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Paul Roman Martinez, the creator of this web comic, recently sent me a package containing the first printed volume of the story. When I say a “package,” I mean it: The book came in a wooden box with rope handles, nestled in excelsior with the logo of the comic burned in the lid. Inside was the comic, a patch, several bookmarks, a volume giving the histories of the characters, and a T-shirt with the logo on it. It was, in other words, pretty awesome. It was the kind of thing that makes a book stand out and get some nice attention (Martinez was selling them in San Diego this year). So already it has a leg up. If you’re interested in just the comic, it costs $17.95. You can, of course, read the web comic here.
Martinez’s comic stems from his love of the 1930s and the new technology of that era. He tries to use machines that were used then (he fudges a little, to be sure, but he still tries!) and capture the feel of the time period. Throughout the book, he adds little notes about the various machines the characters use, which is an neat touch. The book is a bit fantastical, but it’s nice that Martinez at least attempts to ground it in the “reality” of the 1930s.
I can’t really recommend the comic unequivocally unless you really like, say, the pulp serials of the 1930s and their adventurous feel. Despite not being too familiar with the actual serials, I do like that kind of entertainment, so I can overlook the comic’s myriad flaws and just be entertained. But I do have to point them out; it’s what I do, after all. The story begins with the Kid, a plucky 14-year-old whose father is dead and whose mother decides he needs to go to work. Luckily for him, his father knew Captain Croft of the dirigible Carpathian, who works for an organization called the 19XX, which goes around fighting evil. Handy, that. So the Kid gets to work on the Carpathian, and of course he immediately gets involved in various adventures battling the villains of the Black Faun, who are somehow affiliated with the Nazis (even though the Nazis are never mentioned in the story, and I assume Martinez wants to avoid that too-real can of worms, plus he wants the Black Faun to be a more multinational organization, much like S.P.E.C.T.R.E. wasn’t really the – wink, wink – Soviets) and want to revive some kind of vague, Aryan army of the undead. It’s an extremely familiar story – there’s the spear of Longinus, Nikola Tesla, clones, ninjas, a guy with a demon hand, an evil spirit housed inside a metal body who dresses like a World War I Prussian general (because he was before he died), the ghost of Harry Houdini, the spirit of Marie Laveau, a guy named Aleister whose last name is certainly NOT named Crowley (although Martinez found his last name, it seems, while researching Crowley), and a giant demon summoned from a pit. This is why, if you like this sort of thing, you’ll probably be entertained by this comic. Martinez keeps things moving, and he has a large cast of colorful characters who propel the action along, and it’s fun enough, but if you’re not a fan of these kinds of stories, it doesn’t have much to make you a fan. There’s nothing in the book that will dazzle you, but if you’re willing to accept that it’s full of 1930s-serialized storytelling clichés, you’ll probably enjoy it.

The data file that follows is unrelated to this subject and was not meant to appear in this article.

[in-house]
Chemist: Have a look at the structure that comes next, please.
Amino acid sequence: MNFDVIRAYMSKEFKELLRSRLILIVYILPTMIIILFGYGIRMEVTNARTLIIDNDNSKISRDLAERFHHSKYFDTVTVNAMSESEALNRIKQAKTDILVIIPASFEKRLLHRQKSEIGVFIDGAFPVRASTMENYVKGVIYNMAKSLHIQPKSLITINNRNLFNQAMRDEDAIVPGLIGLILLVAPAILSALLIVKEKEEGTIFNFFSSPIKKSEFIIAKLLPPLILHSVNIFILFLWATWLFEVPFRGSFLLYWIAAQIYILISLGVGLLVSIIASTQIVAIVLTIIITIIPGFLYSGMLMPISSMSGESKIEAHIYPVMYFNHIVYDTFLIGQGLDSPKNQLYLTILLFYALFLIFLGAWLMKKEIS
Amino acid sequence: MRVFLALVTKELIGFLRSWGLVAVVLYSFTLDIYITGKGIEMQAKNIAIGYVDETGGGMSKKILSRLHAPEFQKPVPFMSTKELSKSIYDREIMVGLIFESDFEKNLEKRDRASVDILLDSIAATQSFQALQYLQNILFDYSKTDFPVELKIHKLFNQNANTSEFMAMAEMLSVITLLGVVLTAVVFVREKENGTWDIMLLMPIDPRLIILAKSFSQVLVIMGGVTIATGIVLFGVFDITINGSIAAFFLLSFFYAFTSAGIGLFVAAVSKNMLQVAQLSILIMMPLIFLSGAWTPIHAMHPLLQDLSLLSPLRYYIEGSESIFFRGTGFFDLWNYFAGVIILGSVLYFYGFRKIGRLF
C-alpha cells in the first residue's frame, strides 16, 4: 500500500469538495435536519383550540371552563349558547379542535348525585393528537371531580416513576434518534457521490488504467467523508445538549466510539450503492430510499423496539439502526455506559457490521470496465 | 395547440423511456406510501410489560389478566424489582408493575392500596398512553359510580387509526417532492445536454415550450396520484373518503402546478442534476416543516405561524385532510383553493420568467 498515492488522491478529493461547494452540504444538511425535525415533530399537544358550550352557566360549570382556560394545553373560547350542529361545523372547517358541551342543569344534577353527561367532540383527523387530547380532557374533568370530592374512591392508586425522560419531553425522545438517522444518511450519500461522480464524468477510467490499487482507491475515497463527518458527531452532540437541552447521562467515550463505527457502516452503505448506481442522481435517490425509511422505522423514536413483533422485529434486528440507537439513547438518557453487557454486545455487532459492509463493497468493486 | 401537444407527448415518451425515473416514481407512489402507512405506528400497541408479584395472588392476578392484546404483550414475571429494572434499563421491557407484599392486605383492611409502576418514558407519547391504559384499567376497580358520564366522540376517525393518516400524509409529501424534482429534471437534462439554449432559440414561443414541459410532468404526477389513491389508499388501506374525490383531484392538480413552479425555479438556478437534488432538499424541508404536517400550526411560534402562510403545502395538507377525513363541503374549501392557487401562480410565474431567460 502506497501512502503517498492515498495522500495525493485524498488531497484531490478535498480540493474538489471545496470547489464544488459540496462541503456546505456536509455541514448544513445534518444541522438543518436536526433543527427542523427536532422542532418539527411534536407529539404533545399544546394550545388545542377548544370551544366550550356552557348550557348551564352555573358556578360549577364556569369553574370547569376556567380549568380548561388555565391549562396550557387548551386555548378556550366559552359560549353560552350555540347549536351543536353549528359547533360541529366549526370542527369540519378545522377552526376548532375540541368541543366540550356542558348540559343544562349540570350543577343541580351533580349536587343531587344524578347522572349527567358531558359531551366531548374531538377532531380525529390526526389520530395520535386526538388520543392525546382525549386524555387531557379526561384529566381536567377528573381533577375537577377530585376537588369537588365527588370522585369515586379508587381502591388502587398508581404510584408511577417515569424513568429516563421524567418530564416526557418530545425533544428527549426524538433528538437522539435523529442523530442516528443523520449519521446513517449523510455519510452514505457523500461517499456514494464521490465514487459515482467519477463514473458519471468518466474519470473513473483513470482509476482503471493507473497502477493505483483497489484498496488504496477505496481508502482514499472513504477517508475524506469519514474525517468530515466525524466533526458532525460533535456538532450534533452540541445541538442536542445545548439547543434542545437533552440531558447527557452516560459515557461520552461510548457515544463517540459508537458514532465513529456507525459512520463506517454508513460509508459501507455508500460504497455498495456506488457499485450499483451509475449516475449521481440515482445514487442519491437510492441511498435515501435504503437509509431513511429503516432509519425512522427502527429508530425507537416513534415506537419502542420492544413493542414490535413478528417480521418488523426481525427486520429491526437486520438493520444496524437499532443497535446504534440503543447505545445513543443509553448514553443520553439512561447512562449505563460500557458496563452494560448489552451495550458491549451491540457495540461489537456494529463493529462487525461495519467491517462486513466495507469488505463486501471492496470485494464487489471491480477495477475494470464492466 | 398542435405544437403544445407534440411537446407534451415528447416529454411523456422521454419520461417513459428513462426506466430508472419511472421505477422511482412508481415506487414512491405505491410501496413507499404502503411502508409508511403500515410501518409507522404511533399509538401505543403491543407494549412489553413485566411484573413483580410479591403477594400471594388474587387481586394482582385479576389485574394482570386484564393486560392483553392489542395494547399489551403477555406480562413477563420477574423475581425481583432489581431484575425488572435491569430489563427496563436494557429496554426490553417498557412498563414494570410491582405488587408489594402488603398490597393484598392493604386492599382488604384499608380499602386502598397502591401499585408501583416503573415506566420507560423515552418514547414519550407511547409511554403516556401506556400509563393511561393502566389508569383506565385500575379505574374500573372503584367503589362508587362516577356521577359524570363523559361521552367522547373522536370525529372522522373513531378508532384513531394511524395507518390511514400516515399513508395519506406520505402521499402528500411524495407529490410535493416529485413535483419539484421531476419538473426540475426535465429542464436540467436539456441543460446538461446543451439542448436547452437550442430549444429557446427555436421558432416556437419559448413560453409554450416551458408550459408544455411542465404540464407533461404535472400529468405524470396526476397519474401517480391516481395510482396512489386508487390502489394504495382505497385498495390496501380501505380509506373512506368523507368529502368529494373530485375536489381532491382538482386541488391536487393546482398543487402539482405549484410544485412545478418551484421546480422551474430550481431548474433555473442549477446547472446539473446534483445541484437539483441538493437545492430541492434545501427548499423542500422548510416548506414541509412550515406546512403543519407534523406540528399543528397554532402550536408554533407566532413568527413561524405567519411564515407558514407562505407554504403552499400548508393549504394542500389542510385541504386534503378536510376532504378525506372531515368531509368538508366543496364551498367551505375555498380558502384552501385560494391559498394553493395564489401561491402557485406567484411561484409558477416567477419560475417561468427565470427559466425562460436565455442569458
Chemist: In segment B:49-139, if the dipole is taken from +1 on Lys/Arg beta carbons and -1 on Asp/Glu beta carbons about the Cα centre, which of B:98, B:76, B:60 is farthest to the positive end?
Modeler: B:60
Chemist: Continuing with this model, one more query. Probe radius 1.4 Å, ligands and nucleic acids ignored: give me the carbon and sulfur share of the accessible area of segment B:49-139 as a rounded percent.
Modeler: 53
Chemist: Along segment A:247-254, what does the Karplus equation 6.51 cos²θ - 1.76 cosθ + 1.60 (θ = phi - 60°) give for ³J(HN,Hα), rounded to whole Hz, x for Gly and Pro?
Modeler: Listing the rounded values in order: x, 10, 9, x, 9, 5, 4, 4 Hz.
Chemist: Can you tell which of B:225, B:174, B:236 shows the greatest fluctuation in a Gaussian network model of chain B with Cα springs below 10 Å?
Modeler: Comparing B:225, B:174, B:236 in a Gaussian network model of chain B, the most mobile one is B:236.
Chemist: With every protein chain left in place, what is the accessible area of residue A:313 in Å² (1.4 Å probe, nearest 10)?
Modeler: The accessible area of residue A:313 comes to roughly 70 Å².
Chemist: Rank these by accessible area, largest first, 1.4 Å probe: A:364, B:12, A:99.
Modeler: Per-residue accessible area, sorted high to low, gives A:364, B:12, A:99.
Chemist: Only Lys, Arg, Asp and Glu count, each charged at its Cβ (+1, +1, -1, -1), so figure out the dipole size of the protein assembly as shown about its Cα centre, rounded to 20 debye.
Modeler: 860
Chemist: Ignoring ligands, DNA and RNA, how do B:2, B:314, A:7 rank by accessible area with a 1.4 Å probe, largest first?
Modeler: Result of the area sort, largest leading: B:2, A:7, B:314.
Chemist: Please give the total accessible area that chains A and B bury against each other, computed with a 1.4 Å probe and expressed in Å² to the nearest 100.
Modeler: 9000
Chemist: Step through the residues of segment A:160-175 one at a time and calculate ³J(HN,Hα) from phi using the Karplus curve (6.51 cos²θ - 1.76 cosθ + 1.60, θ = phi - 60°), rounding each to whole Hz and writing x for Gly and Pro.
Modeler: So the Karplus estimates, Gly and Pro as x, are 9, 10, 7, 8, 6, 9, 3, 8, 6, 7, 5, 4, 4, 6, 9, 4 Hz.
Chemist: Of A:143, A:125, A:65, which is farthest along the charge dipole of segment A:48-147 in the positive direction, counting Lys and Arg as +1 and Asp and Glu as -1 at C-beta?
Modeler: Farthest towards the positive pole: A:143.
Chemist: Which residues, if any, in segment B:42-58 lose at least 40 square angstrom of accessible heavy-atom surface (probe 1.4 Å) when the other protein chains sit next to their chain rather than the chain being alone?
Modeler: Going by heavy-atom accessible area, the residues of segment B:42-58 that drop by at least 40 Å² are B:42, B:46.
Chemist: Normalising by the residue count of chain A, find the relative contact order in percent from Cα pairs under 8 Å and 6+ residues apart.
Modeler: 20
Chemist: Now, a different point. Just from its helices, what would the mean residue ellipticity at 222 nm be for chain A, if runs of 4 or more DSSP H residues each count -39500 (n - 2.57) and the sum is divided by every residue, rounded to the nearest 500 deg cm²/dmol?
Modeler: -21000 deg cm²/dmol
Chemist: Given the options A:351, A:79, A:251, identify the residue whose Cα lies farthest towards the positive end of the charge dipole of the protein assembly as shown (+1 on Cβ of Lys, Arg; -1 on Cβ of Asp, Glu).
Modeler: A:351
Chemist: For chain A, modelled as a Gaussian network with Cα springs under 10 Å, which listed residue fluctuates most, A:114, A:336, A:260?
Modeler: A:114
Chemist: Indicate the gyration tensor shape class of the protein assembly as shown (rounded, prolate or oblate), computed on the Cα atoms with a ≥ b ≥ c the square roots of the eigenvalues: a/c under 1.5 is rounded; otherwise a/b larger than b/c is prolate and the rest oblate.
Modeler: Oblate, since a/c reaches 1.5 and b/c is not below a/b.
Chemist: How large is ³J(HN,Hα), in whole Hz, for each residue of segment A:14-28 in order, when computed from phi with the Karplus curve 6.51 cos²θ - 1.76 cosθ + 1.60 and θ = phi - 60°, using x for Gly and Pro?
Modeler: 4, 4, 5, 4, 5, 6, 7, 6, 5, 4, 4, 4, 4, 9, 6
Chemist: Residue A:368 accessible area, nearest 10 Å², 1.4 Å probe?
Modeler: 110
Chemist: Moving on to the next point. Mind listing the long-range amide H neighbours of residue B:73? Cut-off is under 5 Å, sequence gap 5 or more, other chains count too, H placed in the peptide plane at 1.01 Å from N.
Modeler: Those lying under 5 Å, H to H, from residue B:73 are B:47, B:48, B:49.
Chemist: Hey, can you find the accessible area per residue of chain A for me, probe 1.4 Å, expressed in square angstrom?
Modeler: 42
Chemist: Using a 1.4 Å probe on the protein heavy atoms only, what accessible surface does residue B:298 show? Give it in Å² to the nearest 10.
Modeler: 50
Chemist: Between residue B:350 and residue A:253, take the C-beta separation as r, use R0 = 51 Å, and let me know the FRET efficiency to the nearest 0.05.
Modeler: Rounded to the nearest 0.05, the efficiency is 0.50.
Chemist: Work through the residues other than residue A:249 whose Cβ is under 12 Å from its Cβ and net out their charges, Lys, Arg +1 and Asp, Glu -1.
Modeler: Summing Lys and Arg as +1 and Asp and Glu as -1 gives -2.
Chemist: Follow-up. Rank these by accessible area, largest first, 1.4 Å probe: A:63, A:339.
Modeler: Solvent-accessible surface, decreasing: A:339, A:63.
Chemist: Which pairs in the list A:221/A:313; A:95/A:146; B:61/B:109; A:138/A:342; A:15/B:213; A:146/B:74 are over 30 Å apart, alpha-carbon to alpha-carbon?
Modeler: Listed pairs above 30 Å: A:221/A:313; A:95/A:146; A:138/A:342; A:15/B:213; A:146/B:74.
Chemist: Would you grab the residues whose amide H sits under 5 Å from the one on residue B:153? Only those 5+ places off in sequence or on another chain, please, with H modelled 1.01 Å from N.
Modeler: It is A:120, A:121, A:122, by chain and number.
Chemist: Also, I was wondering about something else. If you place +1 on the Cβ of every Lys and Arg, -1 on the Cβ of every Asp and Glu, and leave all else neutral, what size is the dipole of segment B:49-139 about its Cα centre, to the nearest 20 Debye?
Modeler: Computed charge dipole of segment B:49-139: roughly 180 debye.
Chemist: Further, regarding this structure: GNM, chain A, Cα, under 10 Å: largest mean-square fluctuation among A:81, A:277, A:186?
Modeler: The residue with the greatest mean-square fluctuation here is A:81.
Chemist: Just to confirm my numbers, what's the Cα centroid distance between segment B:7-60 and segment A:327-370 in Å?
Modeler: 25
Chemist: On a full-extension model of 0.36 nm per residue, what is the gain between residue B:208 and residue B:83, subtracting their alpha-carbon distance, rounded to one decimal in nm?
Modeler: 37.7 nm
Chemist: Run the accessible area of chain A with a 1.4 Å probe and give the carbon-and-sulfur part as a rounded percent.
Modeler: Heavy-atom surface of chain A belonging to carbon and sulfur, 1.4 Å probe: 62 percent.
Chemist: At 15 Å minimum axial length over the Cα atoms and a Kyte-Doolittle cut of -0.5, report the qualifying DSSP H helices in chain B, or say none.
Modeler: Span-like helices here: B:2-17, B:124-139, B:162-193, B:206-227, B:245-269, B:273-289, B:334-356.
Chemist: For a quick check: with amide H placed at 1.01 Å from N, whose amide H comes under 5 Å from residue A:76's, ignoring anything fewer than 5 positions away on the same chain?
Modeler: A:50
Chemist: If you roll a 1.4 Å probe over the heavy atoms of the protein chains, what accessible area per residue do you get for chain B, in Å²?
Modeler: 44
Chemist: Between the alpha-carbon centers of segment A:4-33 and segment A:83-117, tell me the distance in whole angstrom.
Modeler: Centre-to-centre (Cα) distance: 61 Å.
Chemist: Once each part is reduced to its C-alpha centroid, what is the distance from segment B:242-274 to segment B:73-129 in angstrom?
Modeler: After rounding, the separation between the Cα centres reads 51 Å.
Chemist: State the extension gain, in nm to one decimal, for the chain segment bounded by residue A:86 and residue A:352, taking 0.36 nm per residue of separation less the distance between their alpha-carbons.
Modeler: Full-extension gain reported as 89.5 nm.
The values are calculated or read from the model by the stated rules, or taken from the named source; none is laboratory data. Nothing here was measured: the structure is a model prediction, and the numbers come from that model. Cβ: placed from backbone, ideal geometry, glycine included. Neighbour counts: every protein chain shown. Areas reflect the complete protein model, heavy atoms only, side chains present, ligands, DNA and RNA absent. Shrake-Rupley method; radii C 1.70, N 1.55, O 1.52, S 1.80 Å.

Martinez’s art is a bit stiff when it comes to figures, which is a bit bothersome because the book has a lot of action, but he does a nice job getting the look of the 1930s – filtered through popular culture, of course – and making each character pretty unique. I never had any problem figuring out who was who, which in a book with such a large cast is important. His art is better when the characters are just talking, because they fit well into the misc-en-scene that Martinez has created. He does a nice job incorporating some photo-referencing into the art and adds some good architectural touches of his own which helps re-create the era. As the final battle features a lot of action, it doesn’t work as well as some scenes, but the giant demon has a nice presence. The biggest problem with the backgrounds is the lack of detail, which I know would take longer so I can understand it, but it would bring the world to life a bit more. When Martinez does that sort of thing (the battle in the New Orleans library is a good example), the book feels more alive and fascinating. Artwork is such a crucial part of comicbooking, and while Martinez gets quite a bit of the feel of what we imagine the 1930s were like, he doesn’t quite nail it all the time, and that’s too bad.
Still, this is an entertaining and adventurous comic, and Martinez’s commitment to the pulpy adventures of the era is appreciated. This is his first comic, so it’s not surprising it’s rough in some areas, but it also shows a lot of potential. Martinez has a grand time putting his foot on the pedal and never letting up, and this is the kind of book where you just go along for the ride. Obviously, you can read it for free at his web site, where you can also purchase the hard copy (which is, I should note, very nicely put together). Dare you miss the world’s most intelligent rabbit?????
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